How social enterprises internationalize
Despite this, the current research does not prove the involvement of the social enterprises in the international markets as many of them are known to be involved in the region and certain countries. CSR is an important aspect of the business. It is one of how the business can influence the society in which are carrying their business activities in. The importance of this literature review is to bring out an understanding of the theories that explain the internalization of Social Enterprises. Some theories are going to be analyzed to determine how social enterprises can be involved in the process of internalizing their business activities. There is concern over organization’s that are aiming at making profits in the business environment without considering their social responsibility in the same environment that they are working in.
The market environmental growth which is of concern has become apparent in the present time, and companies that aim at making a profit from it have to strategize effectively to succeed in this competitive market (Halal, 2000). The firm internalization process has been studied broadly in research involving international business. The process of establishment of the foreign markets has been not of the interest research area in academia sector, and thus it has remained unexplored (Short et al. Empirical research and theoretical framework that explain the phenomenon of social entrepreneurship are still few and only explain the concept. According to Swanson (1995), CSR initiative is based on three philosophical outlooks namely positive duty approach, negative approach, and utilitarian approach. According to the negative duty approach, organizations adapt to social responsibility activities when there is a need to adhere to the beliefs of the stakeholders (Swanson (1995).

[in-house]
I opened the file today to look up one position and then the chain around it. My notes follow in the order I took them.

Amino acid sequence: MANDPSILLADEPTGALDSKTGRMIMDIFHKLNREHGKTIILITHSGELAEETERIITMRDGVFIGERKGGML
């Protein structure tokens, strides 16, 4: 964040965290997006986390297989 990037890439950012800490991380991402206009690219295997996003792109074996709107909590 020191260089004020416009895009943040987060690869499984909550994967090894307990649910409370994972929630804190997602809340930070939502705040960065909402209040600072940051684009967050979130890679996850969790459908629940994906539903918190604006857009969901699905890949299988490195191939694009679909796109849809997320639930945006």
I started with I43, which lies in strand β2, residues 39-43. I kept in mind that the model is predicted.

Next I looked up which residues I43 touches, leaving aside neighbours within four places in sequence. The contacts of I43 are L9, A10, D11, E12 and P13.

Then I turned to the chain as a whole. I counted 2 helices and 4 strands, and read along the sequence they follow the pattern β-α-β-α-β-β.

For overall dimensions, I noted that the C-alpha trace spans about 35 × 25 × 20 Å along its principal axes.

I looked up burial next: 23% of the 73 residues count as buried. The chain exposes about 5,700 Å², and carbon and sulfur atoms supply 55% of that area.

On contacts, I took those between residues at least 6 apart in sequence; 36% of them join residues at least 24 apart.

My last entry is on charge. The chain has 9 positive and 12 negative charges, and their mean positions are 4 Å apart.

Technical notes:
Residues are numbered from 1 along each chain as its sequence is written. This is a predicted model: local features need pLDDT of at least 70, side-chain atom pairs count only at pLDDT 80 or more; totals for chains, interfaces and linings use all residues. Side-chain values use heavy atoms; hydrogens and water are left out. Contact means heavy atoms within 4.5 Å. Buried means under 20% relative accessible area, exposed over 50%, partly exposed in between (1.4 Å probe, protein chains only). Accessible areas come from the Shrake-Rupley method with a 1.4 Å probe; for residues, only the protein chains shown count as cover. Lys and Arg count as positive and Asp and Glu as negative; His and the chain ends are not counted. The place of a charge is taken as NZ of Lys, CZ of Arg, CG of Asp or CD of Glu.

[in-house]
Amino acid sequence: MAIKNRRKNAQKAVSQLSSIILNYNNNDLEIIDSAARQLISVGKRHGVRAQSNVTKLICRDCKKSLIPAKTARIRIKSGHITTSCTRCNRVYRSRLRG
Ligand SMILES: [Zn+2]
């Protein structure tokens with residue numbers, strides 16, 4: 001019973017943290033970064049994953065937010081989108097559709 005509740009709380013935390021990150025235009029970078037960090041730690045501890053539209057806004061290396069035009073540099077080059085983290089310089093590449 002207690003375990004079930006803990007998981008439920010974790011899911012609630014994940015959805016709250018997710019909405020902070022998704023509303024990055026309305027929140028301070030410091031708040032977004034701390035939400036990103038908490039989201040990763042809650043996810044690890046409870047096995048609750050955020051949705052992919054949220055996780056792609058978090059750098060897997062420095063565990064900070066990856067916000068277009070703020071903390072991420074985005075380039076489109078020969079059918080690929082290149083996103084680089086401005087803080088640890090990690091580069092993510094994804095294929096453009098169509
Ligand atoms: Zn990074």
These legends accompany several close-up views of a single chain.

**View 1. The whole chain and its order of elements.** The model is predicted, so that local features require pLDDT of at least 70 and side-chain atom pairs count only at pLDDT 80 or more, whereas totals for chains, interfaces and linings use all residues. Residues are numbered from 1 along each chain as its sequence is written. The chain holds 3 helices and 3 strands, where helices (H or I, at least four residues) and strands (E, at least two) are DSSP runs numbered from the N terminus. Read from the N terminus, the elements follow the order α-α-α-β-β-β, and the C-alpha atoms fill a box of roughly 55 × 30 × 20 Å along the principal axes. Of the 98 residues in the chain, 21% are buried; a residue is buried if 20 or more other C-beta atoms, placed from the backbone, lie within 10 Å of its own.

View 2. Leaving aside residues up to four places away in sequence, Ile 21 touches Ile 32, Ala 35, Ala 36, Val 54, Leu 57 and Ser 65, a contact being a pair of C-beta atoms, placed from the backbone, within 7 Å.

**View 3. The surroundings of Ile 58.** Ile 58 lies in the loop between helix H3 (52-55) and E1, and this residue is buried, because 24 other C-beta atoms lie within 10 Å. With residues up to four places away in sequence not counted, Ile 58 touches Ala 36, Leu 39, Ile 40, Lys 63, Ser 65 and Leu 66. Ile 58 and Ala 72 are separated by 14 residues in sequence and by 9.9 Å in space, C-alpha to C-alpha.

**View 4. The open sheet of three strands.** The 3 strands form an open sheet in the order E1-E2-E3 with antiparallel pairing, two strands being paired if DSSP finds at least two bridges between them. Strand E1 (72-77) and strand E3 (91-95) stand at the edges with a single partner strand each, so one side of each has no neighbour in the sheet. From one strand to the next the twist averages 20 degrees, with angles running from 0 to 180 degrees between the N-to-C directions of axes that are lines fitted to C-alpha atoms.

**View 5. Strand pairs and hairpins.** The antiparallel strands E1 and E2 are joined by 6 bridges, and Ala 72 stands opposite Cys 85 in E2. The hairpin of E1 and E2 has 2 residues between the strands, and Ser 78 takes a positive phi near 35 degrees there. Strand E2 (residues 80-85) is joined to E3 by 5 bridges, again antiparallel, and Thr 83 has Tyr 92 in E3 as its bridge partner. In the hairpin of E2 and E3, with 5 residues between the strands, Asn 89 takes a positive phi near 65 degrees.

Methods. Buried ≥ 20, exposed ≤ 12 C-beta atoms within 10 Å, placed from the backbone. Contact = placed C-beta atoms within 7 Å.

Utilitarian, on the other hand, viewed CSR as a performance which is objective on profitability and returns gained from investments (Swanson 1995), and finally, positive duty approach is inclusive of a socially responsible behavior applied by firms. From the above, it is clear that CSR can be based on different assumptions as well as presuppositions, with some being ethical and philosophical. This view was supported by Takala and Pallab (2000). This model came into existence due to criticism that other theories that explain about internationalism of a firm faced (Hill, 2008). The theory is inclusive of other factors such as internal foundation, and cultural differences which companies need to understand them to be in a position to handle international activities. The theory identifies the four key stages followed by any company that is in the process of entering into the market.
The four stages include sporadic export, export mode, the establishment of sales subsidiary for the foreign market and finally foreign production or manufacturing. Expansion of the company usually starts from the nearby markets according to the findings made from this theory (Reihlen & Alexandra, 2007). The above four stages were discovered by Scandinavian (Anderson 1993). The model suggests a sequential pattern that can be used to enter into a foreign market with this associated with an increase of commitment in each market. According to the theory, firms increase their commitment to the international market as their experience increases (Anderson 1993). This is an indication that corporates that have great experience in the market are likely to invest in the international market as compared to those that are new to the market.